Special Counsel Robert Mueller’s investigation into so-called “collusion” between the Trump campaign and Russia during the 2016 election is coming to a close, but not without some surprises first.
Paul Manafort, Trump’s former campaign manager, has been sentenced to just 47 months in prison by federal judge T. S. Ellis — a term significantly shorter than the one pushed by Mueller. Government prosecutors sought a prison term of between 19 and 24 years.
Arguing against any leniency whatsoever, Mueller’s office rattled off a list of reasons in favor of a steep sentence, including “more than $16 million in unreported income” and “more than $55 million hidden in foreign bank accounts” attributed to Manafort.
‘Out of whack’ sentencing guidelines
Before announcing Manafort’s sentence, Judge Ellis signaled his belief that Mueller’s team was asking for too much and recognized, “I don’t expect the sentence I’m about to announce to meet with everyone’s approval.”
He continued: “Clearly the guidelines were way out of whack on this, as the history of the sentences in this area show. It’s a fundamental principle of justice that like cases should be treated alike, and if they’re treated differently, there ought to be a good reason for it.”
Ellis’ pronouncement likely came as a shock to a special counsel that insisted upon following federal guidelines that didn’t match the crime and attempted to build a case against Manafort’s alleged unwillingness to cooperate with the investigation. However, Manafort’s attorneys in turn argued their client was more than helpful, spending a total of 50 hours with prosecutors.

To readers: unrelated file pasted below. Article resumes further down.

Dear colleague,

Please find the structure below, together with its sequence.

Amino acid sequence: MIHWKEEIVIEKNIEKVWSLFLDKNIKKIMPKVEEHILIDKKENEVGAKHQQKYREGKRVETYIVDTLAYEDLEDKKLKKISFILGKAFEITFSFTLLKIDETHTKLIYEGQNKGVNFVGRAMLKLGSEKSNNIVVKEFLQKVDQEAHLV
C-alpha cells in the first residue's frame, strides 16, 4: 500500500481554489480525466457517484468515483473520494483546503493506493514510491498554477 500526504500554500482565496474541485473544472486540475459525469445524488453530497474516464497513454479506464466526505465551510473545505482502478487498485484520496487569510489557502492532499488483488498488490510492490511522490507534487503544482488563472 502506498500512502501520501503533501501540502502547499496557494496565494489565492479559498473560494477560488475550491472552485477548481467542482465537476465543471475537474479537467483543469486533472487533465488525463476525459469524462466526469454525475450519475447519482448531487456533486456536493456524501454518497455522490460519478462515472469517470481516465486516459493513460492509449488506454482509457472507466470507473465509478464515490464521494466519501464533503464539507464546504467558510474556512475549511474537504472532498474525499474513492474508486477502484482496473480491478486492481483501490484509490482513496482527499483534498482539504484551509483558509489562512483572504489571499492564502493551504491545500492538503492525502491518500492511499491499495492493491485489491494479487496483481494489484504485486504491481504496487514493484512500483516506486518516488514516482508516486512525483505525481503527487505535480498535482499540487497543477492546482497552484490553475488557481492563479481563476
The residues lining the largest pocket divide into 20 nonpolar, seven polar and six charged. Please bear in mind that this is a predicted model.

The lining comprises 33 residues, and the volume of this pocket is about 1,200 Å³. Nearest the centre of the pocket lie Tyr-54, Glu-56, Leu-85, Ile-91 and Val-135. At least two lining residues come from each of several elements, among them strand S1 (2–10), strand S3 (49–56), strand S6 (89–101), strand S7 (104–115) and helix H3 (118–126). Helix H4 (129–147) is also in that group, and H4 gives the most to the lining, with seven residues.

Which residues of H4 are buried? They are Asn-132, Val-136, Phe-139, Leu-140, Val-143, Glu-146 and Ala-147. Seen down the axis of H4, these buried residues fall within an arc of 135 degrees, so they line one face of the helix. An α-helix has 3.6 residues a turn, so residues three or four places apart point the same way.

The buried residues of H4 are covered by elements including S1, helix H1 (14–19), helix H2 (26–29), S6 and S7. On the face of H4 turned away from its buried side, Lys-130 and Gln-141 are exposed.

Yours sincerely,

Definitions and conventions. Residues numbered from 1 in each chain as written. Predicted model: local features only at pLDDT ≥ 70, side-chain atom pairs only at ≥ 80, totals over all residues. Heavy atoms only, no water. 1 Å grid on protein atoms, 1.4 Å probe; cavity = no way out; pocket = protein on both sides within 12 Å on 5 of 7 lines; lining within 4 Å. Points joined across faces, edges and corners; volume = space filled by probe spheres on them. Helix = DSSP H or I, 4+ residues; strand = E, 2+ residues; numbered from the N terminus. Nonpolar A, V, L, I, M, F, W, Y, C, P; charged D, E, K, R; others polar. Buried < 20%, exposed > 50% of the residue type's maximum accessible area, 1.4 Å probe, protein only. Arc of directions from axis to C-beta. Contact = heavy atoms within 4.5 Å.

Manafort’s life ‘in shambles’
Speaking prior to Ellis’ decision, Manafort expressed the sorrow of a broken, remorseful person.”Humiliated and shamed would be a gross understatement…my life is personally and professionally in shambles,” he said.”The man I have seen described in public is not a man I recognize.”
The attempt by Mueller’s team to “vilify Mr. Manafort as a lifelong and irredeemable felon” was “beyond the pale and grossly overstated the facts before the Court,” his attorneys argued beforehand, while also recognizing he wasn’t blameless.
“These are serious crimes. I understand that. No one is disputing that […] Tax evasion isn’t jaywalking, but it’s also by no means narcotics trafficking,” they said. Ellis appeared to agree that leniency was in order for a first-time offender and proceeded to sentence Manafort to less than four years in prison on multiple fraud charges.
Questionable prosecutorial motives
It is worth noting why this investigation came into existence in the first place, namely to find some kind of direct, nefarious connection between the Trump campaign and Russia operatives. Ironically, Manafort isn’t going to jail for “collusion” at all, no matter how strenuously liberal pundits might attempt to argue otherwise.
Ellis broke down the situation in simple terms. He said, “The real essence of his violation is he stole from us, from people who paid their taxes.” Of course, this won’t stop the mainstream media or Mueller from declaring victory once the investigation wraps up.
Back during court proceedings in 2018, Ellis expressed concern about the special counsel’s motivation for bringing a case against Manafort in the first place, telling prosecutors, “You don’t really care about Mr. Manafort’s bank fraud. You really care about what information he might give you about Mr. Trump and what might lead to his impeachment or prosecution.”